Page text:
By: Lawrence G. Walters
The big news this month is the unanimous decision issued by the Third Circuit Court of Appeals in Philadelphia invalidating the Child Online Protection Act (COPA). This law required that an Age Verification System (AVS) or credit card be provided before a consumer could access sexually explicit material on the Internet. The Third Circuit Court of Appeals identified a First Amendment concern with this type of Internet legislation that the parties to the suit, and even the trial court, had ignored. That is; the Internet has no geographical boundaries, and the physical location of either the website or the consumer cannot be geographically verified. Since the content regulated by the law was defined in terms of “local community standards,” the Court determined that it was impossible to establish a cyber community standard by which Internet speech could be governed. “Because of the peculiar geography-free nature of cyberspace, a community standards’ test would essentially require every Web communication to abide by the most restrictive community’s standards,” the Court said. Accordingly, the Appeals Court concluded that the law was likely unconstitutional.
Our firm has been arguing this cyber community standards issue in the Polk County, Florida case involving the now widely-known BeckaLynn a/k/a Tammy Robinson. In that case, the small community of Polk County, Florida, attempted to impose its community standards on the Internet by prosecuting Tammy Robinson for violation of Florida’s obscenity laws. The case has recently been the subject of a 48 Hours piece and a Barbara Walters interview. Certainly, the COPA decision will provide valuable ammunition in our fight to defeat the first obscenity prosecution on the Internet.
In a related ruling, the Supreme Court of the State of Wisconsin held that a law prohibiting persons from sending pornography to children does not apply to the Internet. The Court unanimously ruled that the State law is unconstitutional since it applies to the Internet and other situations which do not involve face-to-face contact between the child and the accused. These cases show how the expansion of the Internet has challenged existing laws. Fortunately, the court decisions seem to be coming down squarely in favor of First Amendment rights to free expression.
At the other end of the spectrum is the Louisiana Supreme Court which recently upheld the
State’s 195 year old sodomy law, under which consenting adults could receive up to five years in prison for engaging in oral or anal sex. The dissenting opinion argued that “two married persons should be able to chose how they conduct their non-public, voluntary sexual relations in the security of their own home; a law that takes that choice away from them is an intrusion by the legislative branch that is constitutionally intolerable.” However, the majority of Justices ruled that an immoral act, even if consensual and private, is an injury against society itself and upheld the ban on oral or anal sex.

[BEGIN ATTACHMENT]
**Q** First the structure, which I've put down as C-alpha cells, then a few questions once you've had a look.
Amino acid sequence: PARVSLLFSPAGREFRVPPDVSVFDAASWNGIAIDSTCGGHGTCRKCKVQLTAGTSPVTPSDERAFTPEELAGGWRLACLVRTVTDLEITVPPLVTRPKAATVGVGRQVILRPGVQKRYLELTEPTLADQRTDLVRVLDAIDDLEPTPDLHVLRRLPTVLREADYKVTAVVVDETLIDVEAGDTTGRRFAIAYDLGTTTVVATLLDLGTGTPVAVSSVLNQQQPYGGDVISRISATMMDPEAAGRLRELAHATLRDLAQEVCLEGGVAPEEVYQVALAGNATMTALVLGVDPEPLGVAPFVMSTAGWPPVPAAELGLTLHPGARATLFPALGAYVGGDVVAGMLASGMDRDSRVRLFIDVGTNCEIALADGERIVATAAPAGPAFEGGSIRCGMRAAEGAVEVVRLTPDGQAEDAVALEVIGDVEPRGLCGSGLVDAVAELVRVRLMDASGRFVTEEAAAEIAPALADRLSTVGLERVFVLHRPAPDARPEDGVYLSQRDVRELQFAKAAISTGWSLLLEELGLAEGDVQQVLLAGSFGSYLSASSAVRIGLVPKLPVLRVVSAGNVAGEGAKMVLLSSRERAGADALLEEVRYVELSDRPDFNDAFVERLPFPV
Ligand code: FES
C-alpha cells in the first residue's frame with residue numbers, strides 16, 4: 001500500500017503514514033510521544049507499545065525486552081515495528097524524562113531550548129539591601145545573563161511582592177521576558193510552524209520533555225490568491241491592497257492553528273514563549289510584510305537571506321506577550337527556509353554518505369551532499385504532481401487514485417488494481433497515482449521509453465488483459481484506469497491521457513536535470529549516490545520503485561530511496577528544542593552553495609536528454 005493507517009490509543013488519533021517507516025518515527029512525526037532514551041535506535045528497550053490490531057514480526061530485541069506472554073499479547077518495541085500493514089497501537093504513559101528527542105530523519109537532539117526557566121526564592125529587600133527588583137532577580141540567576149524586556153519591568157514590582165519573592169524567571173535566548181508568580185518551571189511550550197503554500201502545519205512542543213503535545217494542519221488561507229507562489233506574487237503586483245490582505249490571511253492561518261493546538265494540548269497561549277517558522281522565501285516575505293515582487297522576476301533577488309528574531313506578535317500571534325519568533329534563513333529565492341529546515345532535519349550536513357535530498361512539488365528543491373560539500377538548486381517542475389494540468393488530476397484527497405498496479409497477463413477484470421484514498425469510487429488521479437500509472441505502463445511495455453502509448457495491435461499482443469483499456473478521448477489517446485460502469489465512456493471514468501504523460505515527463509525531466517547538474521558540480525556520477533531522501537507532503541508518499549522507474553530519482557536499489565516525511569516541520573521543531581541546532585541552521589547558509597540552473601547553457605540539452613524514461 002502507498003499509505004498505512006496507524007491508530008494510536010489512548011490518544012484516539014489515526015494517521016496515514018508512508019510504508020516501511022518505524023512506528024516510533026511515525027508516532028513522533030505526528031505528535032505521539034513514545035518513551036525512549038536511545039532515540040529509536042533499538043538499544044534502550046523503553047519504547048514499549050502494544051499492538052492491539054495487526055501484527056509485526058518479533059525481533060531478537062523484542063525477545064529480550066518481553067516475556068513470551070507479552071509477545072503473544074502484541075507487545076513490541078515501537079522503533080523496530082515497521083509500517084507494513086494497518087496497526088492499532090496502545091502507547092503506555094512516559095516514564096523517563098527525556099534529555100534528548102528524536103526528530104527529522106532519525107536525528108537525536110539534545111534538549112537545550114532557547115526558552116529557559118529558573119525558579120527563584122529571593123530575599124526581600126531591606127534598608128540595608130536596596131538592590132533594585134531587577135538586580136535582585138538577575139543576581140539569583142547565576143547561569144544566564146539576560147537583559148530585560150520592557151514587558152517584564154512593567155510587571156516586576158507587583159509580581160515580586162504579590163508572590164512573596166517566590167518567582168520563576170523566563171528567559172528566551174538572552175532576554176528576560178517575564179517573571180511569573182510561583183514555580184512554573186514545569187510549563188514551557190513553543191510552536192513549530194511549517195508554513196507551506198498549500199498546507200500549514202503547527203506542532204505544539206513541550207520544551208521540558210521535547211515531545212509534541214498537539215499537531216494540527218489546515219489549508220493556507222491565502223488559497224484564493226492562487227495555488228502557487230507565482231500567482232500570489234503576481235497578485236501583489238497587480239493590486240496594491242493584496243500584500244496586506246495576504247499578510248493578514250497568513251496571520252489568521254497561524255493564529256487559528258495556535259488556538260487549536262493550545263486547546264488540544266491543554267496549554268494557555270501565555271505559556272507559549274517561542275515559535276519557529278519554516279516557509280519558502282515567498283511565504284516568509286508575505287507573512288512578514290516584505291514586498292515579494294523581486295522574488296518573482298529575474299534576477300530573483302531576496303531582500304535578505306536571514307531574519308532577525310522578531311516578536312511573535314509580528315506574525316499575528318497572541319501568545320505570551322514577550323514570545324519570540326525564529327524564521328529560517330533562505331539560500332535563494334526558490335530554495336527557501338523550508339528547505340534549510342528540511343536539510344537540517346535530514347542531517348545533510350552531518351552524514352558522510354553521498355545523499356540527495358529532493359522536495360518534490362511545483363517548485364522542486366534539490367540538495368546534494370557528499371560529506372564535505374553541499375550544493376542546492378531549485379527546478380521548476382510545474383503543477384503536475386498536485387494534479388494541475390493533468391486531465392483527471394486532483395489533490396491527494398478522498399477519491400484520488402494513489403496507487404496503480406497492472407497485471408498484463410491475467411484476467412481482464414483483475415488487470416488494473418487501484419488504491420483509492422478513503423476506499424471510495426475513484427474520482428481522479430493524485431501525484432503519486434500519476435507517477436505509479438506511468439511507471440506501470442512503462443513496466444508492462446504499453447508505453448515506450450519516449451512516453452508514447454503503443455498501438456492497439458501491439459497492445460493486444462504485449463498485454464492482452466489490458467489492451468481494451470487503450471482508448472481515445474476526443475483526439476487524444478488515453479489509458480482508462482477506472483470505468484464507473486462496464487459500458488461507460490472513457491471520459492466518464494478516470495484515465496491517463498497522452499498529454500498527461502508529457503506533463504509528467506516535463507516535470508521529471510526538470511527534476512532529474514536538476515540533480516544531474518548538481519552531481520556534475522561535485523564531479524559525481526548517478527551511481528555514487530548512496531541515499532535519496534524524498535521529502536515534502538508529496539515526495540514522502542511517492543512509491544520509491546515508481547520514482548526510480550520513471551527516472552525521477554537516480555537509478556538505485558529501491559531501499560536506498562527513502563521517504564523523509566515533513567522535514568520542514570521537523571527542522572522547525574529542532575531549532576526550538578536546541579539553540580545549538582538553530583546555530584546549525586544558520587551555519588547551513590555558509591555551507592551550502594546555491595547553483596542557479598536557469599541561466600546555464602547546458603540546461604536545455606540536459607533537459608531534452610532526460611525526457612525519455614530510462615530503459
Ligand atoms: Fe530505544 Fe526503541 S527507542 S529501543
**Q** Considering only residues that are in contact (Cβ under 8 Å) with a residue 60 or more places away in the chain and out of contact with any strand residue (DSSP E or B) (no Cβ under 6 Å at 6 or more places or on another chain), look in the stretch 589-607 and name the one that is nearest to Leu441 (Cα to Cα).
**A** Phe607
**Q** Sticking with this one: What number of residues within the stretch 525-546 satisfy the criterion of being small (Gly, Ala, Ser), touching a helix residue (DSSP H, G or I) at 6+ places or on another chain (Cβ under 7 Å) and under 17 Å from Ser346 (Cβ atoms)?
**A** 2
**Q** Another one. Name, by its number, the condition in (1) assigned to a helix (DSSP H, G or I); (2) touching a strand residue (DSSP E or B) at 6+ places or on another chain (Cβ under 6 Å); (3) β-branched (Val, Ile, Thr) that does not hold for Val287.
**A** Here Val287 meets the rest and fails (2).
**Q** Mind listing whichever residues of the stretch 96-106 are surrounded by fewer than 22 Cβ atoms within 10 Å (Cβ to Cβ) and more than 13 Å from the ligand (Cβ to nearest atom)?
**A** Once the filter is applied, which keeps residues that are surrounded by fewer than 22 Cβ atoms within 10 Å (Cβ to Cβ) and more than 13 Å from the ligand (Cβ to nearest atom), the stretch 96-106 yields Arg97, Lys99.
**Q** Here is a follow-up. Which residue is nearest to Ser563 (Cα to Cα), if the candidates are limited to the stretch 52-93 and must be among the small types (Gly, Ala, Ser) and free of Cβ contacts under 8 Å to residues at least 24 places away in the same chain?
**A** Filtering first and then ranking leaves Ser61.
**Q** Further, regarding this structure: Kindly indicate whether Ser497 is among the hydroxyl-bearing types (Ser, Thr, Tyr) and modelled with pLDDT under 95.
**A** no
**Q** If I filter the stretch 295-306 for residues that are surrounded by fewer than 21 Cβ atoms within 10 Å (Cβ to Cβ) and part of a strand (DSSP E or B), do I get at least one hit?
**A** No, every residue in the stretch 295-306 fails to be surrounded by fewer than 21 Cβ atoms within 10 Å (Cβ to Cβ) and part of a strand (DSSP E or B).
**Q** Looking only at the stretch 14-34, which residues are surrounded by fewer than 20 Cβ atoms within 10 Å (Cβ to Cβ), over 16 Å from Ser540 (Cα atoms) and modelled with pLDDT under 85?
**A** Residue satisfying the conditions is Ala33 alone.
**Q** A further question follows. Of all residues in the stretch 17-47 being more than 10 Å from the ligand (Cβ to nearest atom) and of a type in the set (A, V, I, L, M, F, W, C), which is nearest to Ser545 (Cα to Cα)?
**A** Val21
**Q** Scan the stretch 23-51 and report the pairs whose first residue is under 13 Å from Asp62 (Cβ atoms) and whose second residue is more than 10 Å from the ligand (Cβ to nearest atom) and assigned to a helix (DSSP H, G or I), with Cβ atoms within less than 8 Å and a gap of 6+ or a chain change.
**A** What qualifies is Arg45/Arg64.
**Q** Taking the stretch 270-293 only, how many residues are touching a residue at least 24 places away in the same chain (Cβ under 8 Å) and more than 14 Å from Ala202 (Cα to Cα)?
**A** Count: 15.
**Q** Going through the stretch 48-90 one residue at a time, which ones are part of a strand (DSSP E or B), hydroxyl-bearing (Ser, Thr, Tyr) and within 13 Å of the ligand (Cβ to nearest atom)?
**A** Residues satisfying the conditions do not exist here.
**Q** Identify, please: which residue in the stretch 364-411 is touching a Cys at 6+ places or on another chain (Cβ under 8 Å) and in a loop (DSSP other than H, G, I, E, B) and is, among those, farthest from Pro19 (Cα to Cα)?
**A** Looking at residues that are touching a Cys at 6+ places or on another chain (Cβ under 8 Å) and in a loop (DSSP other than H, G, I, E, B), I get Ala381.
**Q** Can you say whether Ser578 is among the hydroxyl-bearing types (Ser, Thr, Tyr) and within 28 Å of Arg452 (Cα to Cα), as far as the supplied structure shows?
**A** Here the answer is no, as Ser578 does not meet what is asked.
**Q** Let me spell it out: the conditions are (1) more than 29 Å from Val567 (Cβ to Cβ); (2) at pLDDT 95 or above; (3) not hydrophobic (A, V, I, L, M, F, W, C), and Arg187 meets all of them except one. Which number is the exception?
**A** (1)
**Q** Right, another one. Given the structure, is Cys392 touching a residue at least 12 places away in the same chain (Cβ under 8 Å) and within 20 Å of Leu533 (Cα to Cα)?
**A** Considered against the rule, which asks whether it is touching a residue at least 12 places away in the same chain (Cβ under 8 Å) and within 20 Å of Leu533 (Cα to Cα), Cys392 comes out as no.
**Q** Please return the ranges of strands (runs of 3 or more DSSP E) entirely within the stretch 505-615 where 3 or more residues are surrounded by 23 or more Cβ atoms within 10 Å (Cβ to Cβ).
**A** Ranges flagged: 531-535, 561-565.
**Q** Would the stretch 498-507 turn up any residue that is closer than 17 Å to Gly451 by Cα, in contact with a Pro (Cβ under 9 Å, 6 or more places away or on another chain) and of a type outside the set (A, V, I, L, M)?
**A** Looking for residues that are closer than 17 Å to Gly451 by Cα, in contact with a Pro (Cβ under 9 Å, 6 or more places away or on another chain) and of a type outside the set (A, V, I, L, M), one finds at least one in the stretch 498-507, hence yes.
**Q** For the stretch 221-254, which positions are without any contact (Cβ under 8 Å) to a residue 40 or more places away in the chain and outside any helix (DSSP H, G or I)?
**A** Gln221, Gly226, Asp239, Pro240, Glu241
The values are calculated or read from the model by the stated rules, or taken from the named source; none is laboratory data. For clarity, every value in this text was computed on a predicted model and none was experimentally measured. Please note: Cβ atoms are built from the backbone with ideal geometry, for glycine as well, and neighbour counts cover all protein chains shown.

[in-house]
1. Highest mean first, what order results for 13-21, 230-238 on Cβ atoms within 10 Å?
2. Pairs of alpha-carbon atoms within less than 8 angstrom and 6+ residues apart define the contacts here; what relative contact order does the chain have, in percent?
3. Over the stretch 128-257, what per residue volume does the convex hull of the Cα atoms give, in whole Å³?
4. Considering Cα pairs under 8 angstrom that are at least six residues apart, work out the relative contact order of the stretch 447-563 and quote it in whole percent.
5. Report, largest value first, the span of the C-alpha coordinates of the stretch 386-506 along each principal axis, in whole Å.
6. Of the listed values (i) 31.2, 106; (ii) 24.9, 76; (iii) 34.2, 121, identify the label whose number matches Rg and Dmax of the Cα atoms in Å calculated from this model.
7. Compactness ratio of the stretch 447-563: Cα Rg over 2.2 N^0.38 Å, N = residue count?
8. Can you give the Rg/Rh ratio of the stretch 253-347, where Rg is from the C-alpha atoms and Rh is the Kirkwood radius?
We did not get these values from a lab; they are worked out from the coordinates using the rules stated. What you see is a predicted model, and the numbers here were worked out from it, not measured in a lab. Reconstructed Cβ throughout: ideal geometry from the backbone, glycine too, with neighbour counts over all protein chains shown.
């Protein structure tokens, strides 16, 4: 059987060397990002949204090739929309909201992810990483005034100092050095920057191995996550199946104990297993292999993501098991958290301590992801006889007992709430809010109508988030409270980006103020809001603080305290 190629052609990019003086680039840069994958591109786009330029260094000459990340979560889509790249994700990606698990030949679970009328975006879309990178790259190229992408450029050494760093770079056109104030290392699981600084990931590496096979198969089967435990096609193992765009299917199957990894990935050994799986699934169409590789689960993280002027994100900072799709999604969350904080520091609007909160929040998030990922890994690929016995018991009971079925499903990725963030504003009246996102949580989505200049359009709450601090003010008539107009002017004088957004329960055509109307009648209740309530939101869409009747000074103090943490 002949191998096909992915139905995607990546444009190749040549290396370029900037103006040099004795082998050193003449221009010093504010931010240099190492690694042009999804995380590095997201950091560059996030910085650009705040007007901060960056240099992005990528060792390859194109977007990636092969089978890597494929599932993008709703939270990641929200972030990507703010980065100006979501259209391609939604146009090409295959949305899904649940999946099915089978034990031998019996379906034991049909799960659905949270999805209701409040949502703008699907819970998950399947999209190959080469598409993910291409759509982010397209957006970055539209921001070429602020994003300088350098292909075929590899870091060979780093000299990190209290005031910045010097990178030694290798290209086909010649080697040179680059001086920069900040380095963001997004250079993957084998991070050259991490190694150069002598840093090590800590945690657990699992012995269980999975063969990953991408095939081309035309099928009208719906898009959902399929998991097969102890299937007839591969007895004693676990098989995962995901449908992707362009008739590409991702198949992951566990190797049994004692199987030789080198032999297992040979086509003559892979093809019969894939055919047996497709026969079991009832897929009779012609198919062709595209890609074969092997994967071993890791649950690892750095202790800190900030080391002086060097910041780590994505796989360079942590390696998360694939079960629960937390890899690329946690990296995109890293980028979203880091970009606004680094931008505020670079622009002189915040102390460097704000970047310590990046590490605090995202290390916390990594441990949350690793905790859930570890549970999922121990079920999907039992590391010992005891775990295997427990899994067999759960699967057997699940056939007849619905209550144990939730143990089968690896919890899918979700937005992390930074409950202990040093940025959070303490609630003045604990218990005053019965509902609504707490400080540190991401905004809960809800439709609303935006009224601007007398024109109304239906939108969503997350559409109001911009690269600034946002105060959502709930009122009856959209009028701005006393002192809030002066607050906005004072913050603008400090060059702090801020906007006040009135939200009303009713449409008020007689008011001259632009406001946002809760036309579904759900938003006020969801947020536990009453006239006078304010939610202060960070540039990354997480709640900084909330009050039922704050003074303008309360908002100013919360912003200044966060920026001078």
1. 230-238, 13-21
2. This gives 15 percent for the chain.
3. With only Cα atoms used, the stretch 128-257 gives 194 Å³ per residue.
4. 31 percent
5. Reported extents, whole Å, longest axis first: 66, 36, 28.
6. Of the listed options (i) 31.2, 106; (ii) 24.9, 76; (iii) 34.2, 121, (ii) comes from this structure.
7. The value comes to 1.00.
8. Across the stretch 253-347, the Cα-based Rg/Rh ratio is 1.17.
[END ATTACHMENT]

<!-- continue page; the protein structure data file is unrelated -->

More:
In another case out of Louisiana, a State Trooper has been accused of sending nude photos of himself to sixteen year old girls on the Internet. He was charged with contributing to the delinquently of juveniles. Lt. Kelly Jarrison, 39, a sixteen year veteran supervisor in the Gambling Enforcement Division surrendered to the Internal Affairs Division earlier this month. He was freed on $20,000.00 bond. Too bad he didn’t live in Wisconsin.
Since it looks like the government has lost its most recent attempts to censor the Internet in the name of protecting children, it is back at the drawing board in Washington, D.C., where meetings are occurring of the Commission on Child Online Protection. There, a suggestion was debated that an Internet “Porn District” be created with a .xxx or .sex domain suffix. This proposal was blasted by civil libertarians and constitutional scholars claiming that such a move would ghettoize constitutionally protected speech. However, many adult webmasters have encouraged a red light domain to avoid the onslaught of censorship attempts. Time will tell.
All eyes are once again on the AVN Adult Entertainment Expo in Las Vegas, Nevada, July 8-10, 2000. Our firm will be represented by my partner, David Wasserman, Esquire, who will bring us a full report by the next issue of ASM.
As always, we will continue keep our ears to the ground and bring you the latest legal news affecting the adult entertainment industry.
Lawrence G. Walters, Esquire, is a partner in the law firm of Wasserman & Walters in Winter Park, Florida. His practice is limited to First Amendment and constitutional law. He represents clients involved in all aspects of adult media. You can access the firm’s web site at: www.firstamendment.com